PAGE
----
In Indiana it appears that not too much has changed since the state's high school athletics association got a letter over a decade ago from the Department of Education about scheduling boys' basketball games. Girls' basketball, at that time, had 10.5 percent of their games scheduled on Friday nights. Today it is at 19.2 percent. Boys who play b-ball in Indiana have 41 percent of their games scheduled for Friday nights. Fridays are considered an optimal day and the preferential scheduling in favor of boys' teams is an issue. In addition to opportunity for ticket sales and other revenue-generating ventures, games scheduled on Fridays are good for players who do not have to worry about getting homework done that night and going to school the next day. No formal complaints, legal or otherwise, have been filed, but the availability of the above statistics suggests it wouldn't be hard to prove inequitable treatment.
Niagra University is adding women's golf to their list of varsity sports. No word on why--especially given the economic realities most insitutions of higher education are facing. A quick look at the insitutional data shows women comprise 61 percent of the undergraduate student body and have 51 percent of the athletic opportunities. There is already a men's golf team. Not sure if that was a factor as well. But good opportunity for female golfers in the region.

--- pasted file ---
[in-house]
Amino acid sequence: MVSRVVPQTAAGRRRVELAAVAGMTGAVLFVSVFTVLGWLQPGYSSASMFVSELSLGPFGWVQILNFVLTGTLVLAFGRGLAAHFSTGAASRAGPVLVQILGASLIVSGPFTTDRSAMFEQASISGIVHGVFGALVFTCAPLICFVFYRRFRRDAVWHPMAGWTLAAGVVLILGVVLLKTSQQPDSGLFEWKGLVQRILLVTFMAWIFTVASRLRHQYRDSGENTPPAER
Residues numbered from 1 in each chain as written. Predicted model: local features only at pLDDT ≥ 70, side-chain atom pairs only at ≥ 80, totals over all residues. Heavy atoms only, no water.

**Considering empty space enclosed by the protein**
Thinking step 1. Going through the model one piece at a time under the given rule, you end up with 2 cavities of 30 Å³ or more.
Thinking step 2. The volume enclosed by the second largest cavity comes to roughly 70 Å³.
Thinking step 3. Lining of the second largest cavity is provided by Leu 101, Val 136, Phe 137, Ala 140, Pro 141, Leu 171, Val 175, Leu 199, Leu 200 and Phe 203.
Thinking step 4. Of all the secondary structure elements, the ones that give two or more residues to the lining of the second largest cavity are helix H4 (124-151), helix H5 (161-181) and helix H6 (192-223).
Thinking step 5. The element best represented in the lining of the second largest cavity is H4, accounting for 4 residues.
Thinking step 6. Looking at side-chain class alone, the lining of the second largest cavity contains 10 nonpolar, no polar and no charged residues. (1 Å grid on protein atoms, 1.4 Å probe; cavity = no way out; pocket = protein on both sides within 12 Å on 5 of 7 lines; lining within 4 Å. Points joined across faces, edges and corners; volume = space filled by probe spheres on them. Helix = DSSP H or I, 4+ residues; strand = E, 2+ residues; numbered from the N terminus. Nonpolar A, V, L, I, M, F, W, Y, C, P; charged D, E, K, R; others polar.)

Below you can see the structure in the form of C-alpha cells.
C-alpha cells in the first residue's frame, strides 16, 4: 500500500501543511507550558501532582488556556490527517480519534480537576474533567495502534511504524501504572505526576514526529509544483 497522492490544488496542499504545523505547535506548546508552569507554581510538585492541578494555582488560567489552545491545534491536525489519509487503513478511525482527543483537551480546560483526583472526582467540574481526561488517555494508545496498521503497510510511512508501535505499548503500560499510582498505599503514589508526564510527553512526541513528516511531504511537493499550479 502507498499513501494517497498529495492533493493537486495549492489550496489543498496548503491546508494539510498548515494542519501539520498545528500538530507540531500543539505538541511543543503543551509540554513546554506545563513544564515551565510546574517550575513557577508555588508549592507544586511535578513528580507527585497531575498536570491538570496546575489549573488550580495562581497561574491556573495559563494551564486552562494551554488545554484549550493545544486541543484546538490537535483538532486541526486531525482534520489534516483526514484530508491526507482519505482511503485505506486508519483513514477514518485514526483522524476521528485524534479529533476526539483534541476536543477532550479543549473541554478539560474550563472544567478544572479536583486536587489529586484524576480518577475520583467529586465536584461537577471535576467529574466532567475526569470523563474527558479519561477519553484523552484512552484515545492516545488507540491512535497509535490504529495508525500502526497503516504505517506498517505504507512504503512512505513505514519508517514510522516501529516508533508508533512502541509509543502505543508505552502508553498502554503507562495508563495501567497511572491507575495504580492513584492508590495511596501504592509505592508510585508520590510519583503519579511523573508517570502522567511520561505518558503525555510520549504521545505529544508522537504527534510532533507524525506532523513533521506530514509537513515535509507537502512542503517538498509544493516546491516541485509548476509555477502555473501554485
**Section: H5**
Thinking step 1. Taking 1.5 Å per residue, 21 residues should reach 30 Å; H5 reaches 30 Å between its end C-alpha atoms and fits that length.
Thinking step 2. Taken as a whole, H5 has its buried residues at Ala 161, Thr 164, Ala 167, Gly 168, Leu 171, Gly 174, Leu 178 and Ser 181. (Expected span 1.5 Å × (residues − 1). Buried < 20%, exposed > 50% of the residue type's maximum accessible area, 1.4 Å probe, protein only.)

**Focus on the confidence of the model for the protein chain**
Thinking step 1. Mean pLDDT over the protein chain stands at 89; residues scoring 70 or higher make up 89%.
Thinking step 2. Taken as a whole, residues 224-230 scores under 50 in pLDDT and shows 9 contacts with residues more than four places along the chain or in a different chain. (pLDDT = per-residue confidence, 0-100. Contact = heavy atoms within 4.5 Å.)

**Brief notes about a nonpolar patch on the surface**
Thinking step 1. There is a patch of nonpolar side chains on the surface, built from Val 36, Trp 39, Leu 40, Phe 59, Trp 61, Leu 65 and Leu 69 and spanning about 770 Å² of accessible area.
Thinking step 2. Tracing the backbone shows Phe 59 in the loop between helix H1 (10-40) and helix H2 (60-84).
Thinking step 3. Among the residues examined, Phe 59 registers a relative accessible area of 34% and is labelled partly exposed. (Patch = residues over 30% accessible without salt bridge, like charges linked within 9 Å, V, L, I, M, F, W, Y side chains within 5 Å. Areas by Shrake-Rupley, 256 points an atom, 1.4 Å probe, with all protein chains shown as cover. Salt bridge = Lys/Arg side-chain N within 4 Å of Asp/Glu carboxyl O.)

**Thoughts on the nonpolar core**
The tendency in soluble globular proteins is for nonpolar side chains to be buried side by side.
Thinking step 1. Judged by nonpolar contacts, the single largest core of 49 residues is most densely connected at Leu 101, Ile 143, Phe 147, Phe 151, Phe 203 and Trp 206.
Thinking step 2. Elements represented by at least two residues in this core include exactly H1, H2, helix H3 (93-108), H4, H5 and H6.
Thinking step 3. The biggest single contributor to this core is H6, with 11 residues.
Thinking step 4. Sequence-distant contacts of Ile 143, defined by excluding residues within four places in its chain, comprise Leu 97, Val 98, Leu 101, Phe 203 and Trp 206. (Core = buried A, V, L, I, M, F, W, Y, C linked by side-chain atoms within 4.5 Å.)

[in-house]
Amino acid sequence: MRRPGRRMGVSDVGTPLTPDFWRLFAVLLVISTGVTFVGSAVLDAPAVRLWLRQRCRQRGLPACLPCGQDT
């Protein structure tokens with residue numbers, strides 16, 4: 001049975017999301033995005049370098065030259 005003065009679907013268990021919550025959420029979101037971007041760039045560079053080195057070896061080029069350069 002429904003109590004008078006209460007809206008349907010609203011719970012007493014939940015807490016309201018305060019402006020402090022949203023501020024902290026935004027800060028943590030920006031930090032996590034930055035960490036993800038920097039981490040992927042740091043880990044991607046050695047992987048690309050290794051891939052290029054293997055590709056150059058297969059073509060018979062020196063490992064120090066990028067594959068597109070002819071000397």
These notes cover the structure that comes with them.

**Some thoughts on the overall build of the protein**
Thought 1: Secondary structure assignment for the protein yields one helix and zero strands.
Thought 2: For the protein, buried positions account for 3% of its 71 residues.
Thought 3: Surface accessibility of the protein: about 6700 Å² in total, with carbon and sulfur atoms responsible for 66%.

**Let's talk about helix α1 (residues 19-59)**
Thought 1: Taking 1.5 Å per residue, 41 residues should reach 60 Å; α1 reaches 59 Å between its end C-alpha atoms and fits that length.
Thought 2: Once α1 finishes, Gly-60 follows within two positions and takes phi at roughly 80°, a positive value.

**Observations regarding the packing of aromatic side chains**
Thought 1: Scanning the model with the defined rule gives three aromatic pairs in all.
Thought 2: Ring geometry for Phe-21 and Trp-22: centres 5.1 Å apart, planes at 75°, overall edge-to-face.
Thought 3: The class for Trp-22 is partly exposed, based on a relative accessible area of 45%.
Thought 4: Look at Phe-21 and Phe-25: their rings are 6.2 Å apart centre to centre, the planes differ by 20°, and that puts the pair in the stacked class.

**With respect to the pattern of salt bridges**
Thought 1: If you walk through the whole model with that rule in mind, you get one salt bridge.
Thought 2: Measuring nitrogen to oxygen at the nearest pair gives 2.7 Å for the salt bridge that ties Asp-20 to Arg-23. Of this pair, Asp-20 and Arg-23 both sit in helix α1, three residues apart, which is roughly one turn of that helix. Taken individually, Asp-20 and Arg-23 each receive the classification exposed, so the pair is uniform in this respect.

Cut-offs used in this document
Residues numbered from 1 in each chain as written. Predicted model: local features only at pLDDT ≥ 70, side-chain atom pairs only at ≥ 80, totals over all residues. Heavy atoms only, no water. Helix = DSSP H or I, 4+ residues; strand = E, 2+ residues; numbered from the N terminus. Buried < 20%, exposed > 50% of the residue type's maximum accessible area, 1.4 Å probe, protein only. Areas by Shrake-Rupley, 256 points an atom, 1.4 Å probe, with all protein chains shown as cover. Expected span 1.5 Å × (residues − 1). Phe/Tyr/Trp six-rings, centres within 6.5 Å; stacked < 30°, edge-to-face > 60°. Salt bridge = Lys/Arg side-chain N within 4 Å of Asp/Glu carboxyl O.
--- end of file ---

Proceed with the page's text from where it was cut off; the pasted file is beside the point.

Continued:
And speaking of tough economic times, some schools--especially DIII schools--are using athletics to boost enrollment, and thus bring in some tuition dollars, according to an article in Inside Higher Ed. Of course, it's not as easy as bringing in athletes. Some schools are adding football. Over 100 new student-athletes equals a nice boost to tuition revenues. But it also adds a lot more participation opportunities for men. There's also the issue of where recruiting dollars are coming from--for men and women. Athletic administrators attest to the success of bringing students to campus after they have had some contact with athletic department people--but recruitment costs money.